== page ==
From the System Activity Field Usage Explore, we can see how often our users include these fields in queries. In this example, flights.count was used 47,848 times, flights.depart_week was used 18,169 times, flights.cancelled_count was used 16,570 times, and flights.carrier was used 13,517 times.

Even if we very modestly estimated that 25% of these queries used all 4 fields in the simplest fashion (simple select, no pivot), 3379 x 8.6 seconds = 8 hours, 4 minutes in aggregate user wait time eliminated.

NOTE: The example model used here is very basic. These results should not be used as a benchmark or frame of reference for your model.

After applying the exact same flow to our ecommerce model order_itemsthe most frequently used Explore on the instance ‐ the results are as follows:

Source Query Time Rows Scanned
Base Table 13.1 seconds 285,000
Aggregate Table 5.1 seconds 138,000
Delta 8 seconds 147,000

The fields used in the query and subsequent aggregate table were brand, created_date, orders_count, and total_revenue, using two joins. The fields had been used a total of 11,000 times. Estimating the same combined usage of ~25%, the aggregate saving for users would be 6 hours, 6 minutes (8s * 2750 = 22000s). The aggregate table took 17.9 seconds to build.

Looking at these results, it's worth taking a moment to step back and assess the returns potentially gained from:

  • Optimizing larger, more complex models/Explores that have "acceptable" performance and may see performance improvements from better modeling practices


  • Using aggregate awareness to optimize simpler models that are used more frequently and are performing poorly

You will see diminishing returns for your efforts as you try to get the last bit of performance from Looker and your database. You should always be cognizant of the baseline performance expectations, particularly from business users, and the limitations imposed by your database (such as concurrency, query thresholds, cost, and so on). You shouldn't expect aggregate awareness to overcome these limitations.

Also, when designing an aggregate table, remember that having more fields will result in a bigger, slower aggregate table. Bigger tables can optimize more queries and therefore be used in more situations, but large tables won't be as fast as smaller, more simple tables.

For example:

  explore: flights {
    aggregate_table: flights_by_week_and_carrier {
      query: {
        dimensions: [carrier, depart_week,flights.distance, flights.arrival_week,flights.cancelled]
        measures: [cancelled_count, count, flights.average_distance, flights.total_distance]

      materialization: {
        sql_trigger_value: SELECT CURRENT-DATE;;

This will result in the aggregate table being used for any combination of dimension shown and for any of the measures included, so this table can be used to answer many different user queries. But to use this table for a simple SELECT of carrier and count query would require a scan of an 885,000-row table. In contrast, the same query would only require a scan of 4,592 rows if the table was based on two dimensions. The 885K-row table is still a 97% reduction in table size (from the previous 38M rows); but adding one more dimension increases the table size to 20M rows. As such, there are diminishing returns as you include more fields in your aggregate table to increase its applicability to more queries.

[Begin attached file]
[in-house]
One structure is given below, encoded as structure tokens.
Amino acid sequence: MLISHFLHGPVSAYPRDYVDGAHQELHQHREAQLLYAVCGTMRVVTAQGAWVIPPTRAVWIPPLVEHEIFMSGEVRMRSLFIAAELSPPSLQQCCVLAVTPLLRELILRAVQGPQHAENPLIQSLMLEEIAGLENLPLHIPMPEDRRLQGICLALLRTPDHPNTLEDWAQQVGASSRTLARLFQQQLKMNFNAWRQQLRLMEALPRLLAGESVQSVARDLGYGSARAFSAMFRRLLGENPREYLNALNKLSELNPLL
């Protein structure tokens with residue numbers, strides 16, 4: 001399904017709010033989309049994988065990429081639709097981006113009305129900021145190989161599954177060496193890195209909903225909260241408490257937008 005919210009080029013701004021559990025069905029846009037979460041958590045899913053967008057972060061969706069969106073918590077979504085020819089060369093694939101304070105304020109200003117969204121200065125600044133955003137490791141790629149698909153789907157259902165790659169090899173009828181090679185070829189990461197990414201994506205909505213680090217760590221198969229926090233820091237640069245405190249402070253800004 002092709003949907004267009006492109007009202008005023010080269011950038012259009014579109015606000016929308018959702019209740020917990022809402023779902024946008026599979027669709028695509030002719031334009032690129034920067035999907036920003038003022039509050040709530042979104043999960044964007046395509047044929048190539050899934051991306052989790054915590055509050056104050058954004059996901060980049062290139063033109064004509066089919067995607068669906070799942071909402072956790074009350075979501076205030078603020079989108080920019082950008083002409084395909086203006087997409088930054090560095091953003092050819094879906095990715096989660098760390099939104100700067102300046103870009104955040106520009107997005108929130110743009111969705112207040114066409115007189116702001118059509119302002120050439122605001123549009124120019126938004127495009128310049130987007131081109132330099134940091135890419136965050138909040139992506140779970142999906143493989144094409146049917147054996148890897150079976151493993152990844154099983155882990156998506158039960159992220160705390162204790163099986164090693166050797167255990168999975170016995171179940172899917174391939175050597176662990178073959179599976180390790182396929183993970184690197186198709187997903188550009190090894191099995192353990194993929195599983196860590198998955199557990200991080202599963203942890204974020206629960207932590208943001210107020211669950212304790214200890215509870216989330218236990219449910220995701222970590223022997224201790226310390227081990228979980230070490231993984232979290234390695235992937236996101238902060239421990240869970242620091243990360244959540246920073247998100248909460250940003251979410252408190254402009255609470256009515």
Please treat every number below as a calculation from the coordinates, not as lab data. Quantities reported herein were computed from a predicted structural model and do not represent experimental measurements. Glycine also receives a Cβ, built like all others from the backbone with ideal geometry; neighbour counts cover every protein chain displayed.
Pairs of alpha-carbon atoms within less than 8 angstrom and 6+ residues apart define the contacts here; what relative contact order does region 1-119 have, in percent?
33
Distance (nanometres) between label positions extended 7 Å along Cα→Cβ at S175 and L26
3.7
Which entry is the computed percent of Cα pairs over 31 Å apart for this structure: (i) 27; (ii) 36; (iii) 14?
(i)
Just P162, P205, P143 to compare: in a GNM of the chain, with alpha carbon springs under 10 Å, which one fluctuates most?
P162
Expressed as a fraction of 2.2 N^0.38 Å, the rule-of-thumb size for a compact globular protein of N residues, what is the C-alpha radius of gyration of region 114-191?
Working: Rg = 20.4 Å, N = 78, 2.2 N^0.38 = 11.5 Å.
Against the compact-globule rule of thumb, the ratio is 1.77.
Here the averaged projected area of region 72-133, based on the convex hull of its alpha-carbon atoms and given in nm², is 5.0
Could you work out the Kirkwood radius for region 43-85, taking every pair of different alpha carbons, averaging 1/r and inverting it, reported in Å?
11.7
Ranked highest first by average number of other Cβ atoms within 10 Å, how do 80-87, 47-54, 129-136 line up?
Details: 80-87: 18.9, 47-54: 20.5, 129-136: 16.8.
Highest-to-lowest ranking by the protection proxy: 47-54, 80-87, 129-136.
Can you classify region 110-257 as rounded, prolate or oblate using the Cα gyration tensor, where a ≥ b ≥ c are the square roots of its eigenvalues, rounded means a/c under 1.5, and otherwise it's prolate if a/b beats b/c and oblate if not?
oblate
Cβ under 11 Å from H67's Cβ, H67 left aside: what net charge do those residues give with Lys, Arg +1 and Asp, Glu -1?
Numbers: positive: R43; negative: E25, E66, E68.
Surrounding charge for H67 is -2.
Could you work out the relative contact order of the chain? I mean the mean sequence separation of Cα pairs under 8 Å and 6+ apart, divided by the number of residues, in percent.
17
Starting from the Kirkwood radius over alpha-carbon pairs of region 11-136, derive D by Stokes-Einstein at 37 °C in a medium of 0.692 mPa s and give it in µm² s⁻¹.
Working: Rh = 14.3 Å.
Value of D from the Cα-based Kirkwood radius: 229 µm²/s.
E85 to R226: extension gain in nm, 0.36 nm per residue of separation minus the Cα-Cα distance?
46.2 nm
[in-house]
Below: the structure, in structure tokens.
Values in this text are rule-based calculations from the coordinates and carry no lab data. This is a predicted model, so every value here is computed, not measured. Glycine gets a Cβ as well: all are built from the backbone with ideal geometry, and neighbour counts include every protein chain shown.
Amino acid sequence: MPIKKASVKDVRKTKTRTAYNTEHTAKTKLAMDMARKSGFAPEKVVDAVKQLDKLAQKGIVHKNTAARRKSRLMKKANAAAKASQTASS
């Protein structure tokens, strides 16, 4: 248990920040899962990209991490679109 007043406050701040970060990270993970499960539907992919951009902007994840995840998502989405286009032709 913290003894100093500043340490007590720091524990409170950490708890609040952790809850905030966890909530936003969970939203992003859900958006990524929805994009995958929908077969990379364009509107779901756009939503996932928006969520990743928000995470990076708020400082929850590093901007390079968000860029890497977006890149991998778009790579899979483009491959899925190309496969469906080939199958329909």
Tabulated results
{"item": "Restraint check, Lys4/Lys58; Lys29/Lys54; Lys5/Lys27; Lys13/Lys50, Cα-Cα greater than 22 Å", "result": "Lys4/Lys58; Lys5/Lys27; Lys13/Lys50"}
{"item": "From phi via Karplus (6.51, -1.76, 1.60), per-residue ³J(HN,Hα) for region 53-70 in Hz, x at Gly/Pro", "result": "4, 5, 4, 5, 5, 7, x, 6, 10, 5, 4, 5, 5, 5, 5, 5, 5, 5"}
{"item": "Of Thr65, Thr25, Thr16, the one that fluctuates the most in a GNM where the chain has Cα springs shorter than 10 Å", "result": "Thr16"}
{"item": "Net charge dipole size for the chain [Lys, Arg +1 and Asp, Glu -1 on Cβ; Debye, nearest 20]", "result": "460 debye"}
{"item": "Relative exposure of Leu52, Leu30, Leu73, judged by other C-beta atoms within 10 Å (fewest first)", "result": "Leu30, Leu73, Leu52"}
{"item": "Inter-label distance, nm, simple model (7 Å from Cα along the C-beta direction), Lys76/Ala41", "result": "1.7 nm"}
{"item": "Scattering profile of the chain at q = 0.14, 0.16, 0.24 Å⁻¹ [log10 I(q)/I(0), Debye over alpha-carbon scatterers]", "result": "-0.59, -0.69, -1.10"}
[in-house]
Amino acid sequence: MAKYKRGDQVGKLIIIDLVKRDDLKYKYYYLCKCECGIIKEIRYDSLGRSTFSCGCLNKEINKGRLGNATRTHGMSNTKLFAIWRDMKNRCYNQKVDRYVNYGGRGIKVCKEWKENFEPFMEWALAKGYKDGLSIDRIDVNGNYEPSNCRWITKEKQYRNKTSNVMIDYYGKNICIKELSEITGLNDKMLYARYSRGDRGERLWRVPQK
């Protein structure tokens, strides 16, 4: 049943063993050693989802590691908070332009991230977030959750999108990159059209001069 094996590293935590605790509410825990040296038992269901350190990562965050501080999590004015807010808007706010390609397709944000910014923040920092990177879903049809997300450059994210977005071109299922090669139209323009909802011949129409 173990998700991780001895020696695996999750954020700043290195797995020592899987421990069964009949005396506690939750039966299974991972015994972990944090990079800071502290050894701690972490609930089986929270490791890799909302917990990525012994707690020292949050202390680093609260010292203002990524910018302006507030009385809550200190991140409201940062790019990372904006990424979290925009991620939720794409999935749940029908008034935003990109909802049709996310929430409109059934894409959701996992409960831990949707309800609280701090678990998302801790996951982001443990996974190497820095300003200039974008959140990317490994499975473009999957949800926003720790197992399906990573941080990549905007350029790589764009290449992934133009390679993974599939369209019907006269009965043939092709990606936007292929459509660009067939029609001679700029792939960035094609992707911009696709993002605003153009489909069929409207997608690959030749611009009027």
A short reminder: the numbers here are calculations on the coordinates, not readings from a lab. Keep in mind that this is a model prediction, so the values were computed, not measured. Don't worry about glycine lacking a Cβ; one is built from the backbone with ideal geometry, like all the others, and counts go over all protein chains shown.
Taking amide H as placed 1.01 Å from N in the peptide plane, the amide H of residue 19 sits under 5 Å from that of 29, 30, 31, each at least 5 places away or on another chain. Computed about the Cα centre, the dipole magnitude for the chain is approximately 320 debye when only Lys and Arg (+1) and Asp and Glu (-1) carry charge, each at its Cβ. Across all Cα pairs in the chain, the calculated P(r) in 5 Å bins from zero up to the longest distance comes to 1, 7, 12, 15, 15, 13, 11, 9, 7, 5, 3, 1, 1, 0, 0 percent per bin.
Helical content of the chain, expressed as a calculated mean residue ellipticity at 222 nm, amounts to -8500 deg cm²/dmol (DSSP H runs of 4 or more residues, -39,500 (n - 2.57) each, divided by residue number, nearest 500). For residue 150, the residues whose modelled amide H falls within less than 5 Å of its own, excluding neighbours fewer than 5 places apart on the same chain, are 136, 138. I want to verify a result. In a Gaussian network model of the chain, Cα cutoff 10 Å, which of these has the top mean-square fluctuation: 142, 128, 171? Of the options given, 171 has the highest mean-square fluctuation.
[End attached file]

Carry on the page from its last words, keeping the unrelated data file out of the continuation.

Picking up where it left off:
Building aggregate tables

Taking our example Flights Explore that we identified as an opportunity to optimize, the best strategy would be to build three different aggregate tables for it:

  • flights_by_week_and_carrier
  • flights_by_month_and_distance
  • flights_by_year

The easiest way to build these aggregate tables is to get the aggregate table LookML from an Explore query or from a dashboard and add the LookML to your Looker project files.

Once you add the aggregate tables to your LookML project and deploy the updates to production, your Explores will leverage the aggregate tables for your users' queries.


To be accessible for aggregate awareness, aggregate tables must be persisted in your database. It is best practice to align the automatic regeneration of these aggregate tables with your caching policy by leveraging datagroups. You should use the same datagroup for an aggregate table that is used for the associated Explore. If you can't use datagroups, an alternative option is to use the sql_trigger_value parameter instead. A generic, date-based value for sql_trigger_value is shown below:

sql_trigger_value: SELECT CURRENT_DATE() ;;

This will build your aggregate tables automatically at midnight every day.

Timeframe logic

When Looker builds an aggregate table, it will include data up to the point in time the aggregate table was built. Any data that has been subsequently appended to the base table in the database would normally be excluded from the results of a query using that aggregate table.

This diagram shows the timeline of when orders were received and logged in the database compared to the the point in time that the Orders aggregate table was built. There are two orders received today that will not be present in the Orders aggregate table, since the orders were received after the aggregate table was built:

Timeline of orders received today and yesterday that excludes two data points occurring after the aggregate table was built.

But Looker can UNION fresh data to the aggregate table when a user queries for a timeframe that overlaps with the aggregate table, as depicted in the same timeline diagram:

The user's query includes the data points on the timeline that occurred after the aggregate table was built.

Because Looker can UNION fresh data to an aggregate table, if a user filters for a timeframe that overlaps with the end of both the aggregate and the base table, the orders received after the aggregate table was built will be included in the user's results. See the Aggregate awareness documentation page for details and the conditions that need to be met to union fresh data to aggregate table queries.


To recap, to build an aggregate awareness implementation, there are three fundamental steps:

  1. Identify opportunities where optimization using aggregate tables is appropriate and impactful.
  2. Design aggregate tables that will provide the most coverage for common user queries while still remaining small enough to reduce the size of those queries sufficiently.
  3. Build the aggregate tables in the Looker model, pairing the persistence of the table with the persistence of the Explore cache.